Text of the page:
HIV infections persist despite treatment that successfully decreases viral blood levels to the point where doctors can't detect the virus. But that doesn't mean the person is cured. The virus hides in the body, not replicating, just waiting for a chance to jump out of the shadows and reemerge.
It's very difficult for doctors to get a good read on how much virus is hiding in these spots. And it's even harder to know how much of that latent virus is capable of becoming infectious again.
The amount of latent HIV can be measured, but the current test is expensive and takes two weeks to produce results. All that may be changing, though. A research group from the University of Pittsburgh has developed a test to detect residual HIV that is less expensive, less time-consuming, and uses a smaller blood sample.
To understand the latent HIV viral pool, we need to understand the active, infectious viral pool. The life cycle of the HIV takes place in CD4 T lymphocyte cells of the immune system. The virus binds to the lymphocyte and injects its genetic material — viral RNA — into the cell. Once inside the cell, enzymes convert the viral RNA into DNA, and that DNA enters the cell's nucleus. The viral DNA uses the cell's machinery to make HIV proteins and copies of the viral RNA.
Those proteins migrate out of the nucleus, assemble into viral particles, and bud off the host cell's membrane to make new infectious viruses, bursting out of the CD4 cell and killing it in the process. In a tragic irony, CD4 cells are the precise immune cells whose job it is to kill invading microbes, like viruses.
In rare cases, CD4 cells can become infected and survive long enough to revert to a resting memory state. Memory T cells are cells that have interacted with a microbe and are waiting to activate the immune response if it reencounters the microbe. They don't have the mechanisms to allow for viral gene manufacturing, but the virus can live inside the cell when it's in a latent state, without creating new viruses. When activated, though, they can start spewing new virus and start the HIV infection anew.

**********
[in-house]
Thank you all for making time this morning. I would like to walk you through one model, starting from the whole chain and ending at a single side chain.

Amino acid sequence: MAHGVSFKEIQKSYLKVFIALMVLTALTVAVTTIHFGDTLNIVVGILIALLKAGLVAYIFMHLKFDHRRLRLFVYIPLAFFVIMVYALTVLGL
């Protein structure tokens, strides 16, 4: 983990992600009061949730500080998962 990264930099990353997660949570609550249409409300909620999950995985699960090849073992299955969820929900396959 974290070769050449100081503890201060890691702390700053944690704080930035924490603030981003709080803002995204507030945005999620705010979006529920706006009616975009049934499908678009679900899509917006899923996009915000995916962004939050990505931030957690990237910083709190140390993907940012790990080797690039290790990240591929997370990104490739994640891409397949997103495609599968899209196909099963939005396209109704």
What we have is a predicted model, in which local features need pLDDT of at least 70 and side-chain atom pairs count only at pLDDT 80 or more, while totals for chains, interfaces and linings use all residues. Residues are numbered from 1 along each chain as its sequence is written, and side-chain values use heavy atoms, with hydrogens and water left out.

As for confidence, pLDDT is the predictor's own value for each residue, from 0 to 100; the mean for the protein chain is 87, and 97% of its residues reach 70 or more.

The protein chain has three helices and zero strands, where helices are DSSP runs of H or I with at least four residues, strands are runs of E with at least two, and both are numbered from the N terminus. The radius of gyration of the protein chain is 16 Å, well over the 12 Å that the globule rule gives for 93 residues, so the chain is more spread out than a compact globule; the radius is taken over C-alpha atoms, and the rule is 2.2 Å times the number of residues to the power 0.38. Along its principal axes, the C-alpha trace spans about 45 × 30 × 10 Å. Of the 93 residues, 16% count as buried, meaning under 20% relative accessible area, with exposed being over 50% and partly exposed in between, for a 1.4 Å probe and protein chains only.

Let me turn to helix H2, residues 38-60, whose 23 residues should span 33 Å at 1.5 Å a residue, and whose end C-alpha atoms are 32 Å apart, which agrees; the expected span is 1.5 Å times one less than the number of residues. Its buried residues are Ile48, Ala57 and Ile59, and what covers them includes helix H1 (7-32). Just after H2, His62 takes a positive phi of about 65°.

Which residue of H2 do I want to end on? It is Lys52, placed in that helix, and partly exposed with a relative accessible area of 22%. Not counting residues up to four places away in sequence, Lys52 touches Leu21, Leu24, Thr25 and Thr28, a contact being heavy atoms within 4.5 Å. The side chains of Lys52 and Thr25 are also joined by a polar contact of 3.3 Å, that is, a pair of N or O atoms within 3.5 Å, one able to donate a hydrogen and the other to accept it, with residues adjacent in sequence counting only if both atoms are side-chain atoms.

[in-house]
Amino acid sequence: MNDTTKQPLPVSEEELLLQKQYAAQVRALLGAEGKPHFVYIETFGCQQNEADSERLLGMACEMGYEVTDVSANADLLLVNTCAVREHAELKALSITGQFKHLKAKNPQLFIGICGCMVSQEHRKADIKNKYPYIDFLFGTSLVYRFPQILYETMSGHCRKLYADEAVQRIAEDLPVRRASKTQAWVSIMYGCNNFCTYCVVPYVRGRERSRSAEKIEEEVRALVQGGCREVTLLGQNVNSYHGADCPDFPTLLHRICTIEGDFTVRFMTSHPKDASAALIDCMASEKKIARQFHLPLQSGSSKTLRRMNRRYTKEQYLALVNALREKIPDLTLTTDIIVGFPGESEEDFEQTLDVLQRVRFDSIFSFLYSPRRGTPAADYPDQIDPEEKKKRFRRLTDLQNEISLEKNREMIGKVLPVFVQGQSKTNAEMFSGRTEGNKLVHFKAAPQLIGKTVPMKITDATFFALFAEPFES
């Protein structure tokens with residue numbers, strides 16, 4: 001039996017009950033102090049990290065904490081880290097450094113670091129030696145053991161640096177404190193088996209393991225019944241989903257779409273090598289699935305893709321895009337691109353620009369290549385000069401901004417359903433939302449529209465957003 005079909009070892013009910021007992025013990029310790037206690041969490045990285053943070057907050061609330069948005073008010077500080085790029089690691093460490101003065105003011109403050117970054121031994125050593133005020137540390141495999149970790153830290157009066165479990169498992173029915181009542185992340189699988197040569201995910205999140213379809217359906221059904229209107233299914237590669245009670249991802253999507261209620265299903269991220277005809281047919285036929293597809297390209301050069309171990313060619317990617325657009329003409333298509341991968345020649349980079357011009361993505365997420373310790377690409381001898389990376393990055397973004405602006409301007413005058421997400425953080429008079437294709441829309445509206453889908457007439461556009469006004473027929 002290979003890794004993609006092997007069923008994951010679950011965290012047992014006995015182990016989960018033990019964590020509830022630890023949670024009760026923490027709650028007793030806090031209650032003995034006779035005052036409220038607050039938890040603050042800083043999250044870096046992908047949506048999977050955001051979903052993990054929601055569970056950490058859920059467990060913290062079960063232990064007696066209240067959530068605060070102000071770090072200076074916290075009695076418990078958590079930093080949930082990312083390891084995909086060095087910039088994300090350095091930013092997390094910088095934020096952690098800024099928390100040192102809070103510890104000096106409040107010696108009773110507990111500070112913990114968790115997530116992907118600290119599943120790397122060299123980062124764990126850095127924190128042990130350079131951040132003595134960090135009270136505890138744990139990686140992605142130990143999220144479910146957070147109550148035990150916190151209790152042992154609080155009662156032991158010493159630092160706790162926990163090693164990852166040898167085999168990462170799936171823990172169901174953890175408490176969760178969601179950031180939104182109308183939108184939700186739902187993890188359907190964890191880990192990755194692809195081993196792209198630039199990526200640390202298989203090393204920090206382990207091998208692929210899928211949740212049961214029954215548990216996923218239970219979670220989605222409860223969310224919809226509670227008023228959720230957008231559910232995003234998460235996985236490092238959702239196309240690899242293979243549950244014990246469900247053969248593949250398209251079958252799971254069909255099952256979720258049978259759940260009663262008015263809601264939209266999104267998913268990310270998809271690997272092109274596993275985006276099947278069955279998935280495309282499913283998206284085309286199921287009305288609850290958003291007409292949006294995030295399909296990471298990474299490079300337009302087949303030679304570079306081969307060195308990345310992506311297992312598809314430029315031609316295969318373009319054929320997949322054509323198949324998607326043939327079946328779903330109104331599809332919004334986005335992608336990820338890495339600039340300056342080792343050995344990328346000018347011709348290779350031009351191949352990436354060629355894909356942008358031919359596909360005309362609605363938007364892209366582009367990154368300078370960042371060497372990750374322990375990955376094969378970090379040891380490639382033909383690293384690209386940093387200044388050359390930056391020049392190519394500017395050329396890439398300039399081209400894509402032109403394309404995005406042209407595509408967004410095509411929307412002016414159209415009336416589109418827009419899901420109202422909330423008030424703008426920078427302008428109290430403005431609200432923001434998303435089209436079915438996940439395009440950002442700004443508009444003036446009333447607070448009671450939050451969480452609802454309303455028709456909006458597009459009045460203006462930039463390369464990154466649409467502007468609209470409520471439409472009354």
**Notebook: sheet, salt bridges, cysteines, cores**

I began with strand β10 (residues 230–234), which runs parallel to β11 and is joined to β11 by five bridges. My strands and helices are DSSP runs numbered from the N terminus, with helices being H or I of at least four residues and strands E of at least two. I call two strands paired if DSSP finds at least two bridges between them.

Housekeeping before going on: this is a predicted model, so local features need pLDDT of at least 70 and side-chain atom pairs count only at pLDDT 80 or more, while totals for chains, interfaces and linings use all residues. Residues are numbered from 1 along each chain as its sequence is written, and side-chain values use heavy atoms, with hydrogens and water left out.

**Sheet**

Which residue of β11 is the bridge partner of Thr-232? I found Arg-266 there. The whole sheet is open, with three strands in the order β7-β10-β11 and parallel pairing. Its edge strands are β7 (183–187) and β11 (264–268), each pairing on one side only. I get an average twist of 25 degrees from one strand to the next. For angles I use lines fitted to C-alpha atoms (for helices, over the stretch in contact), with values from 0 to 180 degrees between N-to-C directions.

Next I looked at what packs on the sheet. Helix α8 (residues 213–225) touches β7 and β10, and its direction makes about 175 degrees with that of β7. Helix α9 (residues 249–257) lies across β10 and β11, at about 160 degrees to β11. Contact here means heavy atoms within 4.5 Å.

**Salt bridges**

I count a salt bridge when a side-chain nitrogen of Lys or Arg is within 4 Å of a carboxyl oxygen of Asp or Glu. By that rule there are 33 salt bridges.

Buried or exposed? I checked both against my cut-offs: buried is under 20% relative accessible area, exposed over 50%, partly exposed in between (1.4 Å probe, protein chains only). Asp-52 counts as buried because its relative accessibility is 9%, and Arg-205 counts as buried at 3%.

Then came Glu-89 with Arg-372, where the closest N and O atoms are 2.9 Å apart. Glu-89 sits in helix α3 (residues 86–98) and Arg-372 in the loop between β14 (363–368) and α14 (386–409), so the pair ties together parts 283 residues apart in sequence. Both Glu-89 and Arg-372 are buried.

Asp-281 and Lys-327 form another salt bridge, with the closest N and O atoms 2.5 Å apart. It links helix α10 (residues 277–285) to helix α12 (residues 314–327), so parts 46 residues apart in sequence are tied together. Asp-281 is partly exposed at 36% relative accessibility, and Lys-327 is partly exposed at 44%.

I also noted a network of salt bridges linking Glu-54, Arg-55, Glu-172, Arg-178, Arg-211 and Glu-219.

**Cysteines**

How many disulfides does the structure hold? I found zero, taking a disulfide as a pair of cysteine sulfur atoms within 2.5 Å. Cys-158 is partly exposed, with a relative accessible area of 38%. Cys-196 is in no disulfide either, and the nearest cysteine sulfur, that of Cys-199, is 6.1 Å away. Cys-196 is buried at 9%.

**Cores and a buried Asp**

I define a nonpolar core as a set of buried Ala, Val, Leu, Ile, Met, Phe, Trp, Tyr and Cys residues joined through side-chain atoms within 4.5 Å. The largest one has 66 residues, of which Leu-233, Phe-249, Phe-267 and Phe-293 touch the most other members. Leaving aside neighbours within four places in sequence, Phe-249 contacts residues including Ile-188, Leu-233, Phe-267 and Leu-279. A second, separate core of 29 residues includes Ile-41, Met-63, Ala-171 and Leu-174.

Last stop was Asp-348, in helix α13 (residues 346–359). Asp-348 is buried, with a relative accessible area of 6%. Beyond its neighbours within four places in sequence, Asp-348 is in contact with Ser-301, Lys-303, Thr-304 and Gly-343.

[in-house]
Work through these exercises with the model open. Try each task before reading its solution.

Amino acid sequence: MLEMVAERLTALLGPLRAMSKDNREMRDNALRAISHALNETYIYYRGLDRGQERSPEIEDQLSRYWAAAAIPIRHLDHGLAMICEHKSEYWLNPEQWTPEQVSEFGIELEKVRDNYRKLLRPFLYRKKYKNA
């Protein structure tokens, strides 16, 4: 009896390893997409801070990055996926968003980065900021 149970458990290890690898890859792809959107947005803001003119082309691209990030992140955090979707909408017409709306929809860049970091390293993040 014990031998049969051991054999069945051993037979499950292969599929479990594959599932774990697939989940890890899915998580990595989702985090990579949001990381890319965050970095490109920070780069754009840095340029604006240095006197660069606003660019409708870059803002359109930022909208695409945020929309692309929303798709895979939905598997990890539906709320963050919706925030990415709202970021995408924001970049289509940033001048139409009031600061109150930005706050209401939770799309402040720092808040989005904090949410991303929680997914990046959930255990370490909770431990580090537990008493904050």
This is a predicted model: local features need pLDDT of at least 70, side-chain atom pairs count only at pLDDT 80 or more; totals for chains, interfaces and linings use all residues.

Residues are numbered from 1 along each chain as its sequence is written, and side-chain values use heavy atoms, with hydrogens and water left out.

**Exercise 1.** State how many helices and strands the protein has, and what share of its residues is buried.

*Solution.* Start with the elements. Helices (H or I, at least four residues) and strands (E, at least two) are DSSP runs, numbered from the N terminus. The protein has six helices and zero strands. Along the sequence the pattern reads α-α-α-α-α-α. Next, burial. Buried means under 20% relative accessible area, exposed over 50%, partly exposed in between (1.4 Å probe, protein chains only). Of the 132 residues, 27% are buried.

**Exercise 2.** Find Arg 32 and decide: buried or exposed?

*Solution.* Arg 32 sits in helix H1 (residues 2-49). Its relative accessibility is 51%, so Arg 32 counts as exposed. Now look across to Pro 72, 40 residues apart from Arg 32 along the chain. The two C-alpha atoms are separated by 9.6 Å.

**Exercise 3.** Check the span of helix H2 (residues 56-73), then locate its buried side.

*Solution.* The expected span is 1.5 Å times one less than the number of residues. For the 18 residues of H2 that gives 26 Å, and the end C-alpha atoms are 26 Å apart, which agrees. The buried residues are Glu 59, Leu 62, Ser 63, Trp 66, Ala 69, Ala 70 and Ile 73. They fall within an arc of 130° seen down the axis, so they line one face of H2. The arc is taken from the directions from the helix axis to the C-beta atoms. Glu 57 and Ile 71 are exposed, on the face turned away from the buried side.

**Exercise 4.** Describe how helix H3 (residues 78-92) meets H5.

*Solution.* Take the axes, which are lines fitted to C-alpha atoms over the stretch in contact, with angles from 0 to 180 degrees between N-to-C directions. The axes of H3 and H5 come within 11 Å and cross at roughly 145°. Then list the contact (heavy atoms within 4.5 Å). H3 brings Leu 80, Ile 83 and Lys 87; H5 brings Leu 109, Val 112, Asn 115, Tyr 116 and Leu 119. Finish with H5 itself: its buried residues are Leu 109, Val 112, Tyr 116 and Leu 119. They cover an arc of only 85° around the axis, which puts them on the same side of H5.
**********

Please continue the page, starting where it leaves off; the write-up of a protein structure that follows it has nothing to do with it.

About 1.1 million Americans have HIV infections. Treatment with anti-viral agents can decrease the amount of virus in the blood to levels so low they're undetectable. Because HIV persists in latent pools, we know treatment hasn't cured the infection. What we don't know is how much remains in hidden reservoirs and how much of it is capable of becoming active virus again. Knowing this value is the best indication of the real state of the infection.
The research team from the University of Pittsburgh set out to develop an improved test for latent HIV that accurately and rapidly quantified the replication-competent HIV hidden in resting CD4 T lymphocytes.
The current "gold-standard" test is the quantitative viral outgrowth assay or Q-VOA, for short. This test requires two tubes of blood, from which the CD4 cells are isolated. They are stimulated in the lab to come out of a resting state, mixed with cells that will serve as the target for the virus from the stimulated cells to infect. After one to two weeks of incubation, the amount of virus present is measured.
The new test, the TZA test, detects a gene turned on by replicating HIV. This assay uses TZM-bl cells — laboratory test cells — that have the same HIV receptor on them as on CD4 cells, and also have an integrated copy of the ß-galactosidase gene. When the researcher mixes blood containing HIV with the TZM-bl cells, any replication-competent HIV reacts with ß-galactosidase, causing a colored reaction. They can then count those cells.
The TZA test produces results in one week compared to the two weeks needed for the gold standard test, at a third of the cost. It's also much more sensitive; a fact that's helping doctors understand how latent pools of HIV behave in patients with "undetectable" levels of the virus.
"Using this test, we demonstrated that asymptomatic patients on antiretroviral therapy carry a much larger HIV reservoir than previous estimates — as much as 70 times what the Q-VOA test was detecting," co-author Phalguni Gupta, of the University of Pittsburgh, said in a press release.
The best way to evaluate the effectiveness of HIV treatment is to measure all the virus left in the body, including these hidden reservoirs. The test developed by Sanyal and Gupta's team is a big step in that direction, that is also faster, cheaper, and requires a much smaller blood sample. Knowing the amount of HIV remaining in the body will help us truly determine the effectiveness of anti-viral therapy.
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